2. Tara Palmer-Tomkinson, a minor celebrity often in the gossip magazines, told the show how she had once swallowed a very expensive diamond.
3. Len Goodman, a judge on a TV dancing show, recounted a sad story of a visit to his local golf course. Driving off from the 9th tee, he was horrified when his ball struck a passing eagle - killing it immediately.
4. One team member explained that at university she had belonged to a student political group. In fact, she'd become so passionate about politics that she put a poster of the prime minister on her wall.
5. David Baddiel, a well-known comedian and witty contributor to late-night talk shows was happy to tell the audience that he had passionately kissed two singers of the all-girl pop group, the Spice Girls - on different occasions. Possible, you might think, but David is known for his wit - not his good looks.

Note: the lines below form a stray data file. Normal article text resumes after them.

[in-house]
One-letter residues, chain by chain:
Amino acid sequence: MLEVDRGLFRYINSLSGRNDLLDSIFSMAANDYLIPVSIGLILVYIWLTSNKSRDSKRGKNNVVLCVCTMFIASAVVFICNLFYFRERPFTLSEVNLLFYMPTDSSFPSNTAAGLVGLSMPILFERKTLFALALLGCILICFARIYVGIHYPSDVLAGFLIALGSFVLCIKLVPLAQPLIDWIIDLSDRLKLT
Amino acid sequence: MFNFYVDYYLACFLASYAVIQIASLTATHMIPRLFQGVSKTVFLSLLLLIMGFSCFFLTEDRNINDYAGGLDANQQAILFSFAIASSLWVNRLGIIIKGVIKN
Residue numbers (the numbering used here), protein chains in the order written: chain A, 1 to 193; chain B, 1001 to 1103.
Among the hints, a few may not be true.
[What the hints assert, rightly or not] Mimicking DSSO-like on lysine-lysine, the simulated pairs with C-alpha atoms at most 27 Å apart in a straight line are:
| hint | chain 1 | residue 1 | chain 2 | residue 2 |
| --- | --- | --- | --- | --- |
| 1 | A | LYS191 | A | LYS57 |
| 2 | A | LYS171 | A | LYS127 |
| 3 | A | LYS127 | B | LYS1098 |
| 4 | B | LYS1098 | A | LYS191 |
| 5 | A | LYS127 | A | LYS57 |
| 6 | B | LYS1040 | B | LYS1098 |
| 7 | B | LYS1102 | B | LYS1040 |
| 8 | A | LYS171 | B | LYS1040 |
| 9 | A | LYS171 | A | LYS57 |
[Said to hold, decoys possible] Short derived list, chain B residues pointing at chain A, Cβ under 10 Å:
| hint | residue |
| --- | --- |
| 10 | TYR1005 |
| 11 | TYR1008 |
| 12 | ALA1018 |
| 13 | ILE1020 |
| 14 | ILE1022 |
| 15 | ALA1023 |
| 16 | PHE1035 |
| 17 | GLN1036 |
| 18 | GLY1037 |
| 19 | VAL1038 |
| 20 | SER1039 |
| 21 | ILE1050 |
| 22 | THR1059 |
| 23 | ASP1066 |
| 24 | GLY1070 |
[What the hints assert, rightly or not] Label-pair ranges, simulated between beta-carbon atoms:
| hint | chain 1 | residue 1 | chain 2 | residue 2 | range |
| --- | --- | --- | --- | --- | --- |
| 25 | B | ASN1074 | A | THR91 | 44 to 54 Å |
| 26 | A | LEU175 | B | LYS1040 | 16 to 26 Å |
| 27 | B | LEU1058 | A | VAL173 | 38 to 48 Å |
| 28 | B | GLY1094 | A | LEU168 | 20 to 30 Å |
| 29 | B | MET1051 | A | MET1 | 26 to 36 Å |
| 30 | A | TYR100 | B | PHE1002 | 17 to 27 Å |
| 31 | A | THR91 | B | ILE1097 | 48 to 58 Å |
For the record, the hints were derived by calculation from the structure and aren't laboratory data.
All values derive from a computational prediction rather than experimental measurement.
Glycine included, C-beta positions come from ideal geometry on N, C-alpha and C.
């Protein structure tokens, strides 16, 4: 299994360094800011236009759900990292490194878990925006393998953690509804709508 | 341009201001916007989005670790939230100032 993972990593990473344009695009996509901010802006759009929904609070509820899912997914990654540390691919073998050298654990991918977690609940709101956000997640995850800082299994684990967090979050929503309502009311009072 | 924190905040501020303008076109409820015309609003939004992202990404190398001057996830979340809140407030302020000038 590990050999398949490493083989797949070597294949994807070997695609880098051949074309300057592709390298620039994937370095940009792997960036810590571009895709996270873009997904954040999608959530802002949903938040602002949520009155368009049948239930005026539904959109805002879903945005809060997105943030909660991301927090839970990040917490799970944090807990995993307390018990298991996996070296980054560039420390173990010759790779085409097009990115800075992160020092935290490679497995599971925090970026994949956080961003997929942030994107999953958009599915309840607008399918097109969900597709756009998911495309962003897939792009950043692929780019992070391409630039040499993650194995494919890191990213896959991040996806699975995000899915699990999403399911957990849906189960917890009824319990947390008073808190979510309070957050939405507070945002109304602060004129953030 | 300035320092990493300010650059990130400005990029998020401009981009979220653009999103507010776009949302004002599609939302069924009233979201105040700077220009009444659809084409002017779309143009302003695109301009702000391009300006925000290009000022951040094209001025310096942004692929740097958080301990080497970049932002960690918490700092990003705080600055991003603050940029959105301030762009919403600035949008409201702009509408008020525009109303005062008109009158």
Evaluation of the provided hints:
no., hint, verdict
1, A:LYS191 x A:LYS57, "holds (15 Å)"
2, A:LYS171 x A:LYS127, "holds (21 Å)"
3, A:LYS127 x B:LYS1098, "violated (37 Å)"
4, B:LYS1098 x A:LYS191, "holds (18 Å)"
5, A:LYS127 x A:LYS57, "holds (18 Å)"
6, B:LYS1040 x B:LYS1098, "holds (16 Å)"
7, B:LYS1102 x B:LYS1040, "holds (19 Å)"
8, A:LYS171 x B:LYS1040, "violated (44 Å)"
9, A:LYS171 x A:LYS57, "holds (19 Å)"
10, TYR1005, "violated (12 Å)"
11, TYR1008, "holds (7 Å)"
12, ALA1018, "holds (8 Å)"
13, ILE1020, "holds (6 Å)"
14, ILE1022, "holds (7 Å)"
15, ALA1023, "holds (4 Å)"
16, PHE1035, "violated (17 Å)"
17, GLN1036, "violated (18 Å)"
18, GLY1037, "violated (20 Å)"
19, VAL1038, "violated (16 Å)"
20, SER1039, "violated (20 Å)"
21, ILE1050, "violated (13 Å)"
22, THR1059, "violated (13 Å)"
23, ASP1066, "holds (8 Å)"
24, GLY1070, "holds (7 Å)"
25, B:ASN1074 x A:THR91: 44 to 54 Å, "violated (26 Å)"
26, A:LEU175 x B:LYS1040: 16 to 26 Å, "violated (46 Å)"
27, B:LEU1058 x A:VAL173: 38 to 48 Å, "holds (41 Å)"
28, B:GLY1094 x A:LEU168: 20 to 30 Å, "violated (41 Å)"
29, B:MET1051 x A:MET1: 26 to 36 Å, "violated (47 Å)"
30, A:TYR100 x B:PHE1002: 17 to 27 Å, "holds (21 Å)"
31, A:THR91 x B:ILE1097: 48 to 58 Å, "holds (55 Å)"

6. John Barrowman, a TV actor, claims that while visiting Prince Charles, he couldn't find a bathroom anywhere in the Prince's very large house. He became so desperate that he slipped out of a side door and urinated in the garden.
7. Eamonn Holmes, a TV presenter, maintained that he owned seven cats - each one named after a day of the week.
8. Lee Mack, one of the team captains, struggled to convince everyone that the first letters of his ex-girlfriend's names spell out the word "Bermuda".
9. There's a sad story from Richard Bacon, a popular radio DJ, of his time working at McDonald's. He spotted his girlfriend joining the line in front of his till. When she reached the counter, he flashed her a big smile, whereupon she informed him that she was breaking up with him.
10. Des O'Connor, a charming singer with his own TV show, popped in for a visit and told a story of eating cans of cat food when he was a young man working in Greece. It was only when a cleaner visited his apartment that his mistake was explained to him.
Answers: 1. F, 2. T, 3. T, 4. F, 5. T, 6. T, 7. F, 8. F, 9. T, 10. F